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Minnesota health officials discourage Super Bowl parties

MINNEAPOLIS — Minnesotans thinking about holding Super Bowl parties should think again — even through the state’s coronavirus numbers are improving, state health officials advised Thursday.

“This is probably not the year to have a Super Bowl party,” said Kris Ehresmann, infectious disease director at the Minnesota Department of Health. “And fortunately we don’t have to feel bad because the Vikings aren’t in the Super Bowl, so it takes some of the pressure off.”

But fans who ignore that advice and gather anyway for the matchup between Kansas City and Tampa Bay on Sunday should at least wear masks and practice social distancing, Ehresmann said at briefing for reporters. She also discouraged people from sharing chips, chicken wings and other traditional gameday food, suggesting that they bring their own snacks instead.

State Epidemiologist Ruth Lynfield said at the same briefing that Minnesota has now recorded its second case of the Brazilian variant of the coronavirus. The patient was from the same household as the first, a person from the Minneapolis-St. Paul area whose case was reported Jan. 25, and both of them had traveled to Brazil. They remain the only known U.S. cases of the Brazilian variant, she said.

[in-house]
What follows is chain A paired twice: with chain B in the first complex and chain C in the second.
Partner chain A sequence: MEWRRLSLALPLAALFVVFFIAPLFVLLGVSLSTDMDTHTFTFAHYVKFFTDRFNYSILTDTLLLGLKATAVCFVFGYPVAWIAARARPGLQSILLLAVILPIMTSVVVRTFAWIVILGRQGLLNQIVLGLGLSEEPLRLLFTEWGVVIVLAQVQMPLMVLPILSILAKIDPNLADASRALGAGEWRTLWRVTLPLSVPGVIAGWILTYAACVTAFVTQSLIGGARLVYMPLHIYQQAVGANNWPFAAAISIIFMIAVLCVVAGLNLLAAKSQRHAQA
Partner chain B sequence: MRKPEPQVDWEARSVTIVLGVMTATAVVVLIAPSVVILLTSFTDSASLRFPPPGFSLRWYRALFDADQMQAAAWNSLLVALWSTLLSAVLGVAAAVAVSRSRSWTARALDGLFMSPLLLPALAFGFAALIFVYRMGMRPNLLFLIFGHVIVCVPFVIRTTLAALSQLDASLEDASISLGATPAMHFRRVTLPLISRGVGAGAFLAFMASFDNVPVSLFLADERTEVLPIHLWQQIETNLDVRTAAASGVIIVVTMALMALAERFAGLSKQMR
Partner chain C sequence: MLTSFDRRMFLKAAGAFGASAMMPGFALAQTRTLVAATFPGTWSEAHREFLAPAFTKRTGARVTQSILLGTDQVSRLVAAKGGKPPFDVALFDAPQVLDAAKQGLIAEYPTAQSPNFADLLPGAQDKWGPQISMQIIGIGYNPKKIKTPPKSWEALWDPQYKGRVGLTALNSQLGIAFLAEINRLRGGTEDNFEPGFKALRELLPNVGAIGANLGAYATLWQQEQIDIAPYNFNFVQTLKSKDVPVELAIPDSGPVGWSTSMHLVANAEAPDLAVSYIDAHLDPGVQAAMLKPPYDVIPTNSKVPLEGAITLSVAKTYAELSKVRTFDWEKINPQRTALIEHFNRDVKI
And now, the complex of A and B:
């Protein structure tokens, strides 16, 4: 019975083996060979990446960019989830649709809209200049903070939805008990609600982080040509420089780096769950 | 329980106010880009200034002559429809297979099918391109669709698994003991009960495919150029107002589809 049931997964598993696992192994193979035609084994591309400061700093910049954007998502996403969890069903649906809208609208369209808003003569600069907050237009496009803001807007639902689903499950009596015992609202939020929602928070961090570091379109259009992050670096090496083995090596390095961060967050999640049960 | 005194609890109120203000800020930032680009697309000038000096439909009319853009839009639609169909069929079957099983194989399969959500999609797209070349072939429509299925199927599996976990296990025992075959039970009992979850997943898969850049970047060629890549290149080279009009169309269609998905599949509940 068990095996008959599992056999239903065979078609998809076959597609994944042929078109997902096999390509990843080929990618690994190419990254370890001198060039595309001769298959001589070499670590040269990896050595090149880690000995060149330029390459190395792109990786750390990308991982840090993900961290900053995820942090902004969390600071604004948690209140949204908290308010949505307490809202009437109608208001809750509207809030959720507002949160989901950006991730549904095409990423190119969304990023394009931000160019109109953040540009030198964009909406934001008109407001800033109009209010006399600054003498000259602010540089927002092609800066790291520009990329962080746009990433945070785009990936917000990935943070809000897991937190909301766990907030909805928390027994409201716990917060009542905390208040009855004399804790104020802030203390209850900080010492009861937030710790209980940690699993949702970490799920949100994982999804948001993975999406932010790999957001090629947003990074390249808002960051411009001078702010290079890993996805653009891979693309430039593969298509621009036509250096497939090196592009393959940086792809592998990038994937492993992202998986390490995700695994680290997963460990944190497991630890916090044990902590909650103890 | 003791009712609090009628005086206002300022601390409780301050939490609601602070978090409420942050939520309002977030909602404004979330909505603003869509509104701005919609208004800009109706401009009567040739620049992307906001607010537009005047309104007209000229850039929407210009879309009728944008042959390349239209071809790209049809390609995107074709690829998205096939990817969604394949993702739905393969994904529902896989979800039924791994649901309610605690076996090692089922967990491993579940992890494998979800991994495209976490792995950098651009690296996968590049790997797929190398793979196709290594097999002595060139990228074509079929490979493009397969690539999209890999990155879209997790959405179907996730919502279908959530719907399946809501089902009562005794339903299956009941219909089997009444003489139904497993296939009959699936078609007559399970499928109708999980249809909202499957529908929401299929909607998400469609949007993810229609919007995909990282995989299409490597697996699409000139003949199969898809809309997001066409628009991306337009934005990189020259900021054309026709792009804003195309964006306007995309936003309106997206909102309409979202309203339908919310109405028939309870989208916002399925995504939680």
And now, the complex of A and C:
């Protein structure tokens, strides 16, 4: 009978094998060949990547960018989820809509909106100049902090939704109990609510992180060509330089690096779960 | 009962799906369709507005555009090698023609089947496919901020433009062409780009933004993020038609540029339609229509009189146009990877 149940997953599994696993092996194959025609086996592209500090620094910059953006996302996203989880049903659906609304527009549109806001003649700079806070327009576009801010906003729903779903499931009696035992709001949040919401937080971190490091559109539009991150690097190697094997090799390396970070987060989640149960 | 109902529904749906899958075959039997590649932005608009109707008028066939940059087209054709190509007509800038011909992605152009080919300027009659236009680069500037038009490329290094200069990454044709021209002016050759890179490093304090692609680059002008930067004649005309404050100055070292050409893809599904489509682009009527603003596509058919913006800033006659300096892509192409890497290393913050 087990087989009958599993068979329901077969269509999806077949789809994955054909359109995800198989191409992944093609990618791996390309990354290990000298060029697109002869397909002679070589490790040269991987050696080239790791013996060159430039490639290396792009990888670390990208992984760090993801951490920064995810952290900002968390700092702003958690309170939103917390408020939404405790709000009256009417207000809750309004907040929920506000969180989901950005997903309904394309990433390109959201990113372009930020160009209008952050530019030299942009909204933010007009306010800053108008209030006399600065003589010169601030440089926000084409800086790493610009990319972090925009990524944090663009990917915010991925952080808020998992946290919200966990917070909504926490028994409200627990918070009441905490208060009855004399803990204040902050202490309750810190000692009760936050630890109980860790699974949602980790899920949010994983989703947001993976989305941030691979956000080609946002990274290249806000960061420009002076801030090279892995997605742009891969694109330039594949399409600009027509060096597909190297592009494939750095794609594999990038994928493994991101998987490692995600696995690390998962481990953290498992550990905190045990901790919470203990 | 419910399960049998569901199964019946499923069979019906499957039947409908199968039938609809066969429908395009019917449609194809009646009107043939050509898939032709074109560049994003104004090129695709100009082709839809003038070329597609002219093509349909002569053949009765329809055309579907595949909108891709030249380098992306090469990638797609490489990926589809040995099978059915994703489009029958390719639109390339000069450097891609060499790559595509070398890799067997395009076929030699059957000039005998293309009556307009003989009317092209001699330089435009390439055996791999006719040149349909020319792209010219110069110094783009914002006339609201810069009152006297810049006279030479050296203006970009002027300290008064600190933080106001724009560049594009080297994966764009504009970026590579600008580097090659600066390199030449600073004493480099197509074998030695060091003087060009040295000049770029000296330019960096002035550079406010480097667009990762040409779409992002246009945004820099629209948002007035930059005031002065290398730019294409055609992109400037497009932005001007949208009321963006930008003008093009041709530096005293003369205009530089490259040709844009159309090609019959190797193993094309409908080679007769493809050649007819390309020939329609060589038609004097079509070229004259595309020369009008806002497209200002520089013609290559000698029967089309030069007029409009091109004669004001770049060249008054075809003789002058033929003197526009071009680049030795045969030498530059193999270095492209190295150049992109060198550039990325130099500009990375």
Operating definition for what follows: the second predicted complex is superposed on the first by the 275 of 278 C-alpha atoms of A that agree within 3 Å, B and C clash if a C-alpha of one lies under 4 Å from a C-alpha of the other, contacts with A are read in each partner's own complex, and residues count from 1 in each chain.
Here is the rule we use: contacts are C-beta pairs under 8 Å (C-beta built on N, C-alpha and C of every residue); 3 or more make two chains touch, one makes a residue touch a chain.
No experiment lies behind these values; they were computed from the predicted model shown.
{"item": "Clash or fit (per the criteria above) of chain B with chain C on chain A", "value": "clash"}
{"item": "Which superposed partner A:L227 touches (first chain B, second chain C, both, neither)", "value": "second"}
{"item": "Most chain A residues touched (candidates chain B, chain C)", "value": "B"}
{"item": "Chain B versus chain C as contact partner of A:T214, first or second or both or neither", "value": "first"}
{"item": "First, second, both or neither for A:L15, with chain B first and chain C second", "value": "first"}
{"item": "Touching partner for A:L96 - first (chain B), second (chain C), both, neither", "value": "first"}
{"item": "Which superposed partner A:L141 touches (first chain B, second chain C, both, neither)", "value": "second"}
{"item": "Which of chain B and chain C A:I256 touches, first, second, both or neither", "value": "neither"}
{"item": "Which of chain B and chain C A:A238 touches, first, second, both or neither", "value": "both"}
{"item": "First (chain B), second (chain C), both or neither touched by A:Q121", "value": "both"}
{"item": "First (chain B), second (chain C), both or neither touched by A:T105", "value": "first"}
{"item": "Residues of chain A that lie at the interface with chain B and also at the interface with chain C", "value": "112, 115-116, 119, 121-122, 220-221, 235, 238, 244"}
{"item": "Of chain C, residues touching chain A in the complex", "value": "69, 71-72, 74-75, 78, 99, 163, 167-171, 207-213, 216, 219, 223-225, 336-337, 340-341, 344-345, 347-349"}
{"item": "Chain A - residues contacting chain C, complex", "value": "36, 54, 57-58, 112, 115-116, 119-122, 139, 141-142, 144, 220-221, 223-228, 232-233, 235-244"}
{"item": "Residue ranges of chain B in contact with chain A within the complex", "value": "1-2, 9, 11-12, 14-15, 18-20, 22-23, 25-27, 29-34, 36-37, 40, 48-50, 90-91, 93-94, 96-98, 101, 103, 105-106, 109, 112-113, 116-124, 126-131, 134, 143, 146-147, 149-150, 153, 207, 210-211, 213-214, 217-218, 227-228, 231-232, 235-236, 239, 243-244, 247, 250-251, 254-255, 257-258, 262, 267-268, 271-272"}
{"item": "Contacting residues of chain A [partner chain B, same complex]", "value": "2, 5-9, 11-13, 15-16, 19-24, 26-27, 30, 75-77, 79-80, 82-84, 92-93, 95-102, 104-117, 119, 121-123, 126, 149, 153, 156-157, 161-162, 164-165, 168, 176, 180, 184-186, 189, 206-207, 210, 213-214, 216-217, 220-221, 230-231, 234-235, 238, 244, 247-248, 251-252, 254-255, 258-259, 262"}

“It is not a surprise that we detected another case, but it underscores the need for continued vigilance,” Lynfield said.

Officials at the federal Centers for Disease Control and Prevention say variants have not driven recent surges in overall U.S. cases so far. But experts worry that the impact from variants is not clear and say the country should have been more aggressive about sequencing viruses earlier in the pandemic. Viruses mutate constantly. The British variant is more contagious and is believed to deadlier than the original, while experts say the Brazilian variant also may be more contagious.

Lynfield said known cases of the British variant in Minnesota have grown to 16. While 12 of those cases were associated with international or domestic travel, she said, the four others were due to community spread.

Four of the 16 cases were international travelers, she said. Three had been to West Africa; one to the Dominican Republic. A fifth lived with one of those travelers. Seven other cases were linked with domestic travel, she said. Three had been to California; one to some other U.S. destination. Three of their household members also became infected.

The department said 475,200 Minnesotans had received at least their first vaccine dose as of Tuesday, including 128,694 who had also had their second shot. Ehresmann said the state expects to receive another 83,825 doses next week.

That’s down from about 98,000 this week, which Health Commissioner Jan Malcolm pointed out included extra doses from a one-time availability.

Minnesota reported 1,410 new cases Thursday for a total of 465,176, with 17 new deaths for a cumulative toll of 6,251.